Values aren’t practices.  A practice is an activity or action.  A practice that works in one situation may not work in another. Why? because practices apply to specific situations.  Since my second son, David, loved hanging out with friends, sending him to his room when he misbehaved was an effective form of discipline. If I restricted my third son, Paul, like that, he would have been indifferent. Why?  Because Paul enjoyed playing computer games.  That example demonstrates the importance of adapting our practices to different situation.     


But let’s look deeper.  Values aren’t principles.  A principle is an external truth that is as reliable as a physical law.  A value is a principle we’ve internalized and made our own.  For instance, a principle of life might say, “Exercise and healthy eating produce strong bodies.”  Everyone would say that principle is true.  But those who watch what they eat and exercise regularly have made that principle a value.  When we internalize a principle we demonstrate that we “value” the principle.  Ultimately, we want to base our behavior and decisions on values, not circumstances or feelings. We want to internalize God’s word and so value its principles that they drive our decisions and actions.


King David demonstrated value driven behavior in Psalm 15.  If you take a few minutes and read the psalm you’ll notice that king said the person who enjoys the presence of God and lives a blameless life is the one who “speaks the truth from his heart” (vv. 1-2).  Because he values truth in his heart, his words express truth.  Because he values kindness, “he does his neighbor no wrong” (v. 3).  Because he values honesty he “keeps his oath even when it hurts” (v. 4).  Because he values justice he “does not accept a bribe against the innocent” (v. 5).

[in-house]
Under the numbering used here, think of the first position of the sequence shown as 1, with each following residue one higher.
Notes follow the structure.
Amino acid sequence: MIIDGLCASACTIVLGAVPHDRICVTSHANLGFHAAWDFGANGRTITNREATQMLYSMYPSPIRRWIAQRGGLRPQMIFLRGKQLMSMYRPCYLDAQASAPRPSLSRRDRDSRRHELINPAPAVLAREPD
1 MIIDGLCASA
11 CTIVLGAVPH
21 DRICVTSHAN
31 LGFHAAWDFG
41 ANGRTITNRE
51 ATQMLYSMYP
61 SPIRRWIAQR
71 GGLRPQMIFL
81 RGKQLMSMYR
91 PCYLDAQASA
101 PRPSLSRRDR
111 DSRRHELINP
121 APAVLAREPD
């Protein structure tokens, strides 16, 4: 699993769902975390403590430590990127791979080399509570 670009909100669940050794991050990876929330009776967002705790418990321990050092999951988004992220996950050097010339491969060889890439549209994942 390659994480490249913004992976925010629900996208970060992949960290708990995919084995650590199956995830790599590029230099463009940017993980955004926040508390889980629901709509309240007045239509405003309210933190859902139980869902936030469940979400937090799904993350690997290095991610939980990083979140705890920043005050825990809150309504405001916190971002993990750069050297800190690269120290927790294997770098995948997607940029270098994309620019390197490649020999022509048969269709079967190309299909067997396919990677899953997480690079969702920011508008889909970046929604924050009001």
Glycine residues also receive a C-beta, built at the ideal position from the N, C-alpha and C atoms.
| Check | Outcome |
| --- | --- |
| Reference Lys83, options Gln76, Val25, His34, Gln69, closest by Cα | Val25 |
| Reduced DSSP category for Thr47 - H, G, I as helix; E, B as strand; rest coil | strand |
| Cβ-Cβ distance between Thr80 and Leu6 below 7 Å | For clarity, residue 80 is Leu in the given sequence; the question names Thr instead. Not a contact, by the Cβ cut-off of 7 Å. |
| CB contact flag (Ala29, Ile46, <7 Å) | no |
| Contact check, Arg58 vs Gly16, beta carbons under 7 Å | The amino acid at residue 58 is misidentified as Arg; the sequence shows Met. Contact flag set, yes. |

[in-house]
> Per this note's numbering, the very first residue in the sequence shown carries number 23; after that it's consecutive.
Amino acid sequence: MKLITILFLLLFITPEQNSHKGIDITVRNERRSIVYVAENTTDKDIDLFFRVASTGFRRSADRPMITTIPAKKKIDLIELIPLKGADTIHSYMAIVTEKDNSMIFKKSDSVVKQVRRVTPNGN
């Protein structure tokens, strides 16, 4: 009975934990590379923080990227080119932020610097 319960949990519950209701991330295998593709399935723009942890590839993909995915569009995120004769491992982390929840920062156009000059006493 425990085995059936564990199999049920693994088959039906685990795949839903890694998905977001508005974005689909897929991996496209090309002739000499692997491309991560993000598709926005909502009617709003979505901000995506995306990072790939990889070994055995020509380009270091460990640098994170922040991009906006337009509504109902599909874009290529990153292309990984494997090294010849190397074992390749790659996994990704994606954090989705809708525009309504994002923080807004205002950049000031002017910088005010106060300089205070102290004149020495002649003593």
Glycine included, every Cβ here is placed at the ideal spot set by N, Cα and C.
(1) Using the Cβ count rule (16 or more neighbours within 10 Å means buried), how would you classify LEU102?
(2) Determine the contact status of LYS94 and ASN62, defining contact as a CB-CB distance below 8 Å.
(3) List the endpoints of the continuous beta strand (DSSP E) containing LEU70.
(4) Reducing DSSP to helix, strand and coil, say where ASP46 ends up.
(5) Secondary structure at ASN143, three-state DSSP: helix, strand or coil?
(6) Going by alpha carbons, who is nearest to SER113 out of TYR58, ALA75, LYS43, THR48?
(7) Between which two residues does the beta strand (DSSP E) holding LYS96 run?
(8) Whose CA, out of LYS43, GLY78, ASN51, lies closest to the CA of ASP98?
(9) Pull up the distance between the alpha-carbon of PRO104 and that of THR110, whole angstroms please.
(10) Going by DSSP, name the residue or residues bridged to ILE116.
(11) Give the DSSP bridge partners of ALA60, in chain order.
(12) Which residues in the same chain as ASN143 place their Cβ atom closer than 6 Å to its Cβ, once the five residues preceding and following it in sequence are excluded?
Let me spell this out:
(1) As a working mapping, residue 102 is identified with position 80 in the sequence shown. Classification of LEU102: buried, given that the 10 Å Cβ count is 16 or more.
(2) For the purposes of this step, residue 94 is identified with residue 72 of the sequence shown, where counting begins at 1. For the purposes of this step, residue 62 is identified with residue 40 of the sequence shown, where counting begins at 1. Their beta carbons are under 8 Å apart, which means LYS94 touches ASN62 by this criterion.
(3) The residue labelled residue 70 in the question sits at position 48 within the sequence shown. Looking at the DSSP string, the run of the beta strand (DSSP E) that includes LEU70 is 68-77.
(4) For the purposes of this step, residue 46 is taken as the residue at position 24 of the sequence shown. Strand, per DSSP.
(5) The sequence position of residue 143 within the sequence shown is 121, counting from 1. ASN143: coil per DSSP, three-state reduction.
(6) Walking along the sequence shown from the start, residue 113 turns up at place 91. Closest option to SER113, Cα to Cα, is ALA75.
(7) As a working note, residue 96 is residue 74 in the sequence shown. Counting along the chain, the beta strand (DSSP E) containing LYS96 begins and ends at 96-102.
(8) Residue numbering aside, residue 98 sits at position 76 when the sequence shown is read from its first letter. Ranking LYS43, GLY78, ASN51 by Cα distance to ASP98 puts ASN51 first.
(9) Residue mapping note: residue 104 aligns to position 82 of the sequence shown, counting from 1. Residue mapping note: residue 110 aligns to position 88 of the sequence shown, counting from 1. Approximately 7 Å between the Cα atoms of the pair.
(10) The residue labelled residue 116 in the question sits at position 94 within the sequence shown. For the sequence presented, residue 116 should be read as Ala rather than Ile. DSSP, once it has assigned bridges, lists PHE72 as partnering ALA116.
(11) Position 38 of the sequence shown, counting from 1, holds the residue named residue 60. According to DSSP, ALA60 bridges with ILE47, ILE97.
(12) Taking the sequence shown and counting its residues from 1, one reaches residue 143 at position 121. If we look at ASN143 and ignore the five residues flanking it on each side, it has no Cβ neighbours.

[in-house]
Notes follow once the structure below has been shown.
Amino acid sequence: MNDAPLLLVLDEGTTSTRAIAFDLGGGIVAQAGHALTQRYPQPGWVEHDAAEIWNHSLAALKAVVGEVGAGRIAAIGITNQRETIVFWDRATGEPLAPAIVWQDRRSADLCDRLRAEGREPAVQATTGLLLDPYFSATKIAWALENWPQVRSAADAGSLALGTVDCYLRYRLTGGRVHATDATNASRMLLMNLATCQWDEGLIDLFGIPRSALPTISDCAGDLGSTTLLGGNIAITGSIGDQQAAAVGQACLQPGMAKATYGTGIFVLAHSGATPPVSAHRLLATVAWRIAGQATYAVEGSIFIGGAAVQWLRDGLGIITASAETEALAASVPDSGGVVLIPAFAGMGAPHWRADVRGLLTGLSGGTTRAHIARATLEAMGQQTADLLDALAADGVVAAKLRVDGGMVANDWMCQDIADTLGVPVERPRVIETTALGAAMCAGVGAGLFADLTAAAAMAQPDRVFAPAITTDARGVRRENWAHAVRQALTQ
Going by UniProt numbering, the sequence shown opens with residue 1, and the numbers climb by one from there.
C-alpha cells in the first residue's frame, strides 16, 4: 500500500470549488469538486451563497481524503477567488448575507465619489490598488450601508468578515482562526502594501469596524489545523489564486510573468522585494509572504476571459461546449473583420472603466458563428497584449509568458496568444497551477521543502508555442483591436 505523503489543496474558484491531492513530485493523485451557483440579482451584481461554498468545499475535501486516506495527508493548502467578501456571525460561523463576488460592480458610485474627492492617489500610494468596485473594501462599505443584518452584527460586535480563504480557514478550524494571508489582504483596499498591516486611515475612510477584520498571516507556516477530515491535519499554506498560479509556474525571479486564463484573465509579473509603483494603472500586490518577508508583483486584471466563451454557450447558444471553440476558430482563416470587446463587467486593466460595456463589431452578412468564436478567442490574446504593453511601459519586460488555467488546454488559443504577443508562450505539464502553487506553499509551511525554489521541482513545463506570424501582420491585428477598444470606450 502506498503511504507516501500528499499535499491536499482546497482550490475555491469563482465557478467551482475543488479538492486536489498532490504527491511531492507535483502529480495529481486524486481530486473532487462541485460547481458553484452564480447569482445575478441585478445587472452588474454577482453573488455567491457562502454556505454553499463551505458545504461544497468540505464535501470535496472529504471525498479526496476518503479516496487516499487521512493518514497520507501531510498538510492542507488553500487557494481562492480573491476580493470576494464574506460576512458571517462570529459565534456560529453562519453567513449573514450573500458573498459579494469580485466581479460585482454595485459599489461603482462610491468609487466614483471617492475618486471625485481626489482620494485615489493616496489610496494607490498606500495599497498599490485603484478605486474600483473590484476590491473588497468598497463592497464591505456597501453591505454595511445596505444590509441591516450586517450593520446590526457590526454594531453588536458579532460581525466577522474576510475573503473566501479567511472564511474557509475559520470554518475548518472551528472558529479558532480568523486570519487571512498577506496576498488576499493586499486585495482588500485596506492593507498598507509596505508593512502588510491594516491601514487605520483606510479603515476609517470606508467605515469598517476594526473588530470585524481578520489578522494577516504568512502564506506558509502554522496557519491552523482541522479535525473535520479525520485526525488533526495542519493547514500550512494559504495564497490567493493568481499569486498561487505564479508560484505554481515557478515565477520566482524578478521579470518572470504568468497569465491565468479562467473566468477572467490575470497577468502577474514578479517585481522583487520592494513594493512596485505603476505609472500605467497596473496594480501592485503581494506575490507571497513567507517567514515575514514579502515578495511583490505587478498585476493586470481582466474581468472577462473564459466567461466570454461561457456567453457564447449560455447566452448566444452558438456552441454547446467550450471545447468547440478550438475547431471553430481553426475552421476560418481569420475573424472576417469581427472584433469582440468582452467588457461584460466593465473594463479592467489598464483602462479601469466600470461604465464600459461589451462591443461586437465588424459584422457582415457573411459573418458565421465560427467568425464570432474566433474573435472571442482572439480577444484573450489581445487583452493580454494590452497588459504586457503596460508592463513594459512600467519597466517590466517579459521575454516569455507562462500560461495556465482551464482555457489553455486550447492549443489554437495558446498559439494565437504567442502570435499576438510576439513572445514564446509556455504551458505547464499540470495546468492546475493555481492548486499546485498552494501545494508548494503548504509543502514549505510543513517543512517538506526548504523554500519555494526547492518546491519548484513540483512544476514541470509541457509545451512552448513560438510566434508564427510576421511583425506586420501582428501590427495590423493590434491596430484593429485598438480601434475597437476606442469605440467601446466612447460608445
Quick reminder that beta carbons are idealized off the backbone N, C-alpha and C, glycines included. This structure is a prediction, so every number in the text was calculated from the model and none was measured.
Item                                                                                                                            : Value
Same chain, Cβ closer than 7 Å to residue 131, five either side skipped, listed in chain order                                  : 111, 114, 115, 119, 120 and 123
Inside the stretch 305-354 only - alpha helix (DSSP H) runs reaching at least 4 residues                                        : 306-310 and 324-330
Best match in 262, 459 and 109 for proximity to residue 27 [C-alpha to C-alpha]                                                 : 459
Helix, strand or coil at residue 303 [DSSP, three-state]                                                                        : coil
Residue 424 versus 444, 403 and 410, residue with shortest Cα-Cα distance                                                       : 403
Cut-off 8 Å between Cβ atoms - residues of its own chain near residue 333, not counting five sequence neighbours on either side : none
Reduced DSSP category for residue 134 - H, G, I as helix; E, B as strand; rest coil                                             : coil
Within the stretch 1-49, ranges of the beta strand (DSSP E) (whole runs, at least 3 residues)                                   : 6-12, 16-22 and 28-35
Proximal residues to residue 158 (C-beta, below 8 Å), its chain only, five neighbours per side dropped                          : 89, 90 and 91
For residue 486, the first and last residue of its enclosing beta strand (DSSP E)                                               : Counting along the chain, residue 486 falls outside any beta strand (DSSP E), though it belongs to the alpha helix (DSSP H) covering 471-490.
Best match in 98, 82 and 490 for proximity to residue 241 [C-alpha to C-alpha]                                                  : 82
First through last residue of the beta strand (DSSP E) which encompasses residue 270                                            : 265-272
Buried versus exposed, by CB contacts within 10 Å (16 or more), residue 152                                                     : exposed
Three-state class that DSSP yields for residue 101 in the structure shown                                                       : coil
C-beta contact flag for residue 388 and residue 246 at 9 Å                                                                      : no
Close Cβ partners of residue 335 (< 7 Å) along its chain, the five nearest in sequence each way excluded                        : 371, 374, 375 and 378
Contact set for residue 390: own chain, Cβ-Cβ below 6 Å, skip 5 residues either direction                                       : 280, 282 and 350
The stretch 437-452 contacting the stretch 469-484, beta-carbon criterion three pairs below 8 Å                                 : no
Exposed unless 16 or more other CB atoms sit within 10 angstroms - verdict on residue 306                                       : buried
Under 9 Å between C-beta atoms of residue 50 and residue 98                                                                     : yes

Value driven people reap a great benefit from God.  David said they “will never be shaken.”  The more we allow biblical values to drive our decisions and practices, regardless of what may happen around us, the more confident we can be that our choices and actions reflect godly wisdom. That confidence provides emotional and spiritual stability.  And it will help us to lead others in a way that honors God and strengthens our kingdom influence.

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